Scholars probe political factors influencing college funding
Setting funding levels for public universities is a major part of the state budget process, and deliberations over this often-contentious issue result in varying levels of appropriations from year to year and from state to state. These sometimes-inexplicable fluctuations in spending on higher education can complicate decision-making for state and institutional leaders, as well as potential university donors.
However, the recent work of four higher education scholars sheds new light on why appropriations can differ greatly according to geography and time. These experts will share their findings at “The Politics of State Funding for Higher Education,” a free public forum at the University of Wisconsin–Madison to be held from 9:15 a.m.-3:30 p.m. on Tuesday, Sept. 23, at Room 4151 of Grainger Hall, 975 University Ave.
Looking at all 50 states and as far back as 50 years, presenters will discuss how state-level factors such as political context, higher education infrastructure, governance structure, the strength of political coalitions and the public identities of institutions can account for differences in state support — and what this means for higher education policy.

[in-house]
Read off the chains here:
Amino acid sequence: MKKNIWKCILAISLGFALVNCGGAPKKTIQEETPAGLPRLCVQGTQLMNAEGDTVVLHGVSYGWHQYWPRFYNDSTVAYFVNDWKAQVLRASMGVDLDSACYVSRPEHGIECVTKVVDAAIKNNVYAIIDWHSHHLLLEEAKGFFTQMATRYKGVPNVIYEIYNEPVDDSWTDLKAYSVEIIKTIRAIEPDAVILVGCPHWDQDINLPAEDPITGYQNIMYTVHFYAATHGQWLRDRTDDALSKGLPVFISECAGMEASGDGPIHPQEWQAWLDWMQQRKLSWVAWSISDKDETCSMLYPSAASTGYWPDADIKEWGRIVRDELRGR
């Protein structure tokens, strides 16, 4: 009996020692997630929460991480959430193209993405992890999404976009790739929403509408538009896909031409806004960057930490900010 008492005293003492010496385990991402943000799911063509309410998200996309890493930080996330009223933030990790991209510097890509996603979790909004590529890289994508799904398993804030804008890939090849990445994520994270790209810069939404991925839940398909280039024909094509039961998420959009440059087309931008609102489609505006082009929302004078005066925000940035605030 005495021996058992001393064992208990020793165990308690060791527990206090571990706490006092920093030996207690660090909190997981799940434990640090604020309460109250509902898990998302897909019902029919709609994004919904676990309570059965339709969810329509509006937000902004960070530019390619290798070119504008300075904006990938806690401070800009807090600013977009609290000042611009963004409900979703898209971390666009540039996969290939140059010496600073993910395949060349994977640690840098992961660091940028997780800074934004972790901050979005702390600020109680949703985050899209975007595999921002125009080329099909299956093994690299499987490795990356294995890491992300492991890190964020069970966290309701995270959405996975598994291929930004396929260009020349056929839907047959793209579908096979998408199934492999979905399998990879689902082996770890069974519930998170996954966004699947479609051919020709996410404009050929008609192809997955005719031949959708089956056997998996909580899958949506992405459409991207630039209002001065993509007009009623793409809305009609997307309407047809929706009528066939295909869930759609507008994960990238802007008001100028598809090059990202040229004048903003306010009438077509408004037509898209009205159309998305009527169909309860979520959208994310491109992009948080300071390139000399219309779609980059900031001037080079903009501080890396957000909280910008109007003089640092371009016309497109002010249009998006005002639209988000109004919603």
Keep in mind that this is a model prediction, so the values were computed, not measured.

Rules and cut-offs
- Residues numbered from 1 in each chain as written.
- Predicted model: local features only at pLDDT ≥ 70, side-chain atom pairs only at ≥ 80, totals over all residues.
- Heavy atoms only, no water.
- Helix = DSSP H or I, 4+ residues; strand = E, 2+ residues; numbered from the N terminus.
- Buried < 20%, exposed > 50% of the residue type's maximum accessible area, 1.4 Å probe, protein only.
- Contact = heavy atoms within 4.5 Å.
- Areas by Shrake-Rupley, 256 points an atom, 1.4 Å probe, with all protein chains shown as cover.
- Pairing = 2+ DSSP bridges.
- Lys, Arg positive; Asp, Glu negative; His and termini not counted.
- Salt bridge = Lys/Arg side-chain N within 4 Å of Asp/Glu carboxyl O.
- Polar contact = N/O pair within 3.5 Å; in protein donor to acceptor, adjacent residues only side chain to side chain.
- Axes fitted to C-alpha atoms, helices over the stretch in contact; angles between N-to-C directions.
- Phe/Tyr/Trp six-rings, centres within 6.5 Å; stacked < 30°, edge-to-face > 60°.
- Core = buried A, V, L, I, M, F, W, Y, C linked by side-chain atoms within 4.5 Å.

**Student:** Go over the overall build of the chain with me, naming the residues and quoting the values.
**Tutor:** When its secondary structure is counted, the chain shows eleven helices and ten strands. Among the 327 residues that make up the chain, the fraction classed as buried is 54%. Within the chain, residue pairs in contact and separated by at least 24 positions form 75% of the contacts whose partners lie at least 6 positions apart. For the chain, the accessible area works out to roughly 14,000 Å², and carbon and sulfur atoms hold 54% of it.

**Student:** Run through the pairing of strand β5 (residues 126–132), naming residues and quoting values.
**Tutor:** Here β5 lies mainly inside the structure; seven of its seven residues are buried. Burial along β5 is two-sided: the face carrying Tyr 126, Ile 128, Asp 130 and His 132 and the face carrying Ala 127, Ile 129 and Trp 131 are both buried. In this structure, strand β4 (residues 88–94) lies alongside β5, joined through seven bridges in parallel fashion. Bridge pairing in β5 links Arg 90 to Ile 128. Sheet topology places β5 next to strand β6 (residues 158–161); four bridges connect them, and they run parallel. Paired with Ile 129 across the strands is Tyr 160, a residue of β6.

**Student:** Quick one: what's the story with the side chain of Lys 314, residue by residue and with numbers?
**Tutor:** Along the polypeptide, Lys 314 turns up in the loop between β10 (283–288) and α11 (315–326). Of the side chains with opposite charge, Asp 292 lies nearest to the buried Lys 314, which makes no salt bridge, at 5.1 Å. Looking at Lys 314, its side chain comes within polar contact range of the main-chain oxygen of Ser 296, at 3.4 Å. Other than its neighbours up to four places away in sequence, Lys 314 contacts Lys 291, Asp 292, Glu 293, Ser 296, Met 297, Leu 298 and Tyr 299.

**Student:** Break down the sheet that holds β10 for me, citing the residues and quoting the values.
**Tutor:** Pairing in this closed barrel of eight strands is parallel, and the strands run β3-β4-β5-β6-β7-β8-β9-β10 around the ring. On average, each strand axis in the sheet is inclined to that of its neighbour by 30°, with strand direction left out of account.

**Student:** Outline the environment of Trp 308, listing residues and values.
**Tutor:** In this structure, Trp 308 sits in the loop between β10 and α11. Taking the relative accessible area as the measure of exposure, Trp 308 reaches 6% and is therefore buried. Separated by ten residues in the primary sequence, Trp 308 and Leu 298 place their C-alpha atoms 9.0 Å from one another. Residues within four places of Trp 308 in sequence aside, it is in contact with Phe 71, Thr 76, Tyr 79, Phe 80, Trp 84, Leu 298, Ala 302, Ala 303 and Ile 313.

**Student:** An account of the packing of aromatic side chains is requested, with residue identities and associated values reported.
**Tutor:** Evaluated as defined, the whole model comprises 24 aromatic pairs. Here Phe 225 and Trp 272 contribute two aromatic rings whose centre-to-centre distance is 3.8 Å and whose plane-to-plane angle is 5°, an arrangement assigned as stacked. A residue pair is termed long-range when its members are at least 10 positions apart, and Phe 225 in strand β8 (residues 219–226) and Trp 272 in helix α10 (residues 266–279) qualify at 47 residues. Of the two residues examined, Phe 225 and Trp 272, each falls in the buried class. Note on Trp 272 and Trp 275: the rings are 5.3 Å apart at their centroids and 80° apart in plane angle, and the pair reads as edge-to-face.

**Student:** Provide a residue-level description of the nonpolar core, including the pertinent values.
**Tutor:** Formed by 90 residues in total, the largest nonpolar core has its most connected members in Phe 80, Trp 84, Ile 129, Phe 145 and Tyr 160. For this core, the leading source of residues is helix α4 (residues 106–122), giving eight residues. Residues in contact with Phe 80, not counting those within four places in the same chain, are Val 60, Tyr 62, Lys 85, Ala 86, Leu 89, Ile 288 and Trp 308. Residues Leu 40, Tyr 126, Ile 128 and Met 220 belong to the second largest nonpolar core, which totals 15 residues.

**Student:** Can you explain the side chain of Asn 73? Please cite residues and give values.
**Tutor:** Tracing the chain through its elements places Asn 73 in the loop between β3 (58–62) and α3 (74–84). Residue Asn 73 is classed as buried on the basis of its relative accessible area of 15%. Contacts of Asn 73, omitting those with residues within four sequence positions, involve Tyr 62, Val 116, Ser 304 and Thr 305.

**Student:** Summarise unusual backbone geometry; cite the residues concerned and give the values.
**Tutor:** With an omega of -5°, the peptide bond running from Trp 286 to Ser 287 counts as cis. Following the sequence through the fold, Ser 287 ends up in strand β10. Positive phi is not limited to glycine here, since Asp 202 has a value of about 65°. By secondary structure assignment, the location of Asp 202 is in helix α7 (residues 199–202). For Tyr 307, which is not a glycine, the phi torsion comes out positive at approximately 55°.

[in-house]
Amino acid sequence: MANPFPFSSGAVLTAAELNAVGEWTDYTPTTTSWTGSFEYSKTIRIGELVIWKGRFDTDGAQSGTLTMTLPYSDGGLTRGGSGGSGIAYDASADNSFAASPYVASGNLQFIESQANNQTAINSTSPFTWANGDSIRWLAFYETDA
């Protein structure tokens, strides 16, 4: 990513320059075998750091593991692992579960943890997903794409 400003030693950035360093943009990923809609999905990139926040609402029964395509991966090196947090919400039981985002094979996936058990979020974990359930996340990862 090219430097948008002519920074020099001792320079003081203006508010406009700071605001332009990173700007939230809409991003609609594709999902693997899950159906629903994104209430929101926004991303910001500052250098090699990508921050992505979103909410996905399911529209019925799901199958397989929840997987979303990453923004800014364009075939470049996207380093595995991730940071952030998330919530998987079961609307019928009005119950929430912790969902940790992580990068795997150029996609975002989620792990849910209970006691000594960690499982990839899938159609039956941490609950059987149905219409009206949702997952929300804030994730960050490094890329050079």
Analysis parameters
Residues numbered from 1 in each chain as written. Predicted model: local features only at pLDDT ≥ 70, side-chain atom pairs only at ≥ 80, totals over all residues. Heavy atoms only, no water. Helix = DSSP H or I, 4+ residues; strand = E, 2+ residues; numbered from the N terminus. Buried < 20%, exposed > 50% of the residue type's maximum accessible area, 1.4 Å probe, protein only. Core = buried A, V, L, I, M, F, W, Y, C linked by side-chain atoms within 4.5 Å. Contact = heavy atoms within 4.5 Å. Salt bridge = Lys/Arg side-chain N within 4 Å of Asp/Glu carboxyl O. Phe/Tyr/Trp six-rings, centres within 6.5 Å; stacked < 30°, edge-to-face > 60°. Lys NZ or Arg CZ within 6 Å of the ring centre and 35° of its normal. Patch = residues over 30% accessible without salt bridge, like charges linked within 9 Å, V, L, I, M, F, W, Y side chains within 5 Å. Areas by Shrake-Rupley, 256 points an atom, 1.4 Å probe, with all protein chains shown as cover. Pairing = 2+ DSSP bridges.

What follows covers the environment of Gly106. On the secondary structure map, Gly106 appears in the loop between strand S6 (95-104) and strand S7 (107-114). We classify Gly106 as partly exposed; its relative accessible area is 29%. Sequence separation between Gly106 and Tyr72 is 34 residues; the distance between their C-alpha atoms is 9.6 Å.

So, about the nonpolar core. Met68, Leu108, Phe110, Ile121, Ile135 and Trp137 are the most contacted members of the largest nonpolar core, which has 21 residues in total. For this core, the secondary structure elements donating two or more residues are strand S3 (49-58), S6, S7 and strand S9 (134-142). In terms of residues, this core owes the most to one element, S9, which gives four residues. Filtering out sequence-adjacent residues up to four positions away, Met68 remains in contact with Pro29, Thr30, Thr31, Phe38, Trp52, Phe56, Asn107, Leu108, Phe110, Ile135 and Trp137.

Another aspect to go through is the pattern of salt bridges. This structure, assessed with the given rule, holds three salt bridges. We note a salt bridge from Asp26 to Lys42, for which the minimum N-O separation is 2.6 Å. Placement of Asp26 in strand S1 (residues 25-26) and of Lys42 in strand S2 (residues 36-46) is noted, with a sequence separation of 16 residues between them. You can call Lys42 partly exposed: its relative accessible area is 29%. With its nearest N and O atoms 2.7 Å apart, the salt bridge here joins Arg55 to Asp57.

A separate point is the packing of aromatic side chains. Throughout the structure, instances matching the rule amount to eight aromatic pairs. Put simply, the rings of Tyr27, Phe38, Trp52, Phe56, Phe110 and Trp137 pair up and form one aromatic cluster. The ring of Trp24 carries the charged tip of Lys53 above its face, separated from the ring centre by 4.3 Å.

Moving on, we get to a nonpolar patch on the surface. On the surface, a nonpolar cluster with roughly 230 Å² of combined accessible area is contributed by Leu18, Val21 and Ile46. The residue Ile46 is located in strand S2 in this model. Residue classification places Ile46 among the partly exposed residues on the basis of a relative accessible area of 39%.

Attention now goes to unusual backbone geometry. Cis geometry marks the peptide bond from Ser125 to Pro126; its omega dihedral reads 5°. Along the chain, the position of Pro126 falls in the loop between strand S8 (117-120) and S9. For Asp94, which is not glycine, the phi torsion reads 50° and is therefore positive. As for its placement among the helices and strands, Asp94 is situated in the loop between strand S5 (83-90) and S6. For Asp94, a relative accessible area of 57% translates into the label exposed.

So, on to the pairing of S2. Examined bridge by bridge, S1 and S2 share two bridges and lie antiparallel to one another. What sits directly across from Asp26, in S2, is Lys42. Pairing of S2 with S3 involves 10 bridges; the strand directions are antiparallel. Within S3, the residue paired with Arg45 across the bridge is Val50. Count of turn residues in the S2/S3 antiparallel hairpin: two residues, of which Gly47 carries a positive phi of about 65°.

One scholar will address the political gridlock in Wisconsin, how it serves to advance special-interest groups while discouraging state and local groups from participating in policymaking, and the implications for higher education in the state.
- “Testing the Balance Wheel Hypothesis of State Spending for Higher Education,” Jennifer A. Delaney, assistant professor, Department of Educational Leadership and Policy Analysis, UW–Madison; and William Doyle, assistant professor, Department of Leadership, Policy and Organizations, Vanderbilt University, 10 a.m.-noon.
- “Governance, Politics and Identity in State Support for Higher Education,” David Weerts, assistant professor, Department of Educational Policy and Administration, University of Minnesota-Twin Cities, 1-2 p.m.
- “Hard Times Continue In America’s Laboratory for Democracy: Wisconsin Legislative Politics 1966, 2006 and 2000,” Jacob Stampen, professor emeritus, Department of Educational Leadership and Policy Analysis, UW–Madison, 2:15-3:15 p.m.
This program is sponsored by the Wisconsin Center for the Advancement of Postsecondary Education (WISCAPE), a UW–Madison center that seeks to inform and improve postsecondary education policy, research and practice through the creation and exchange of knowledge.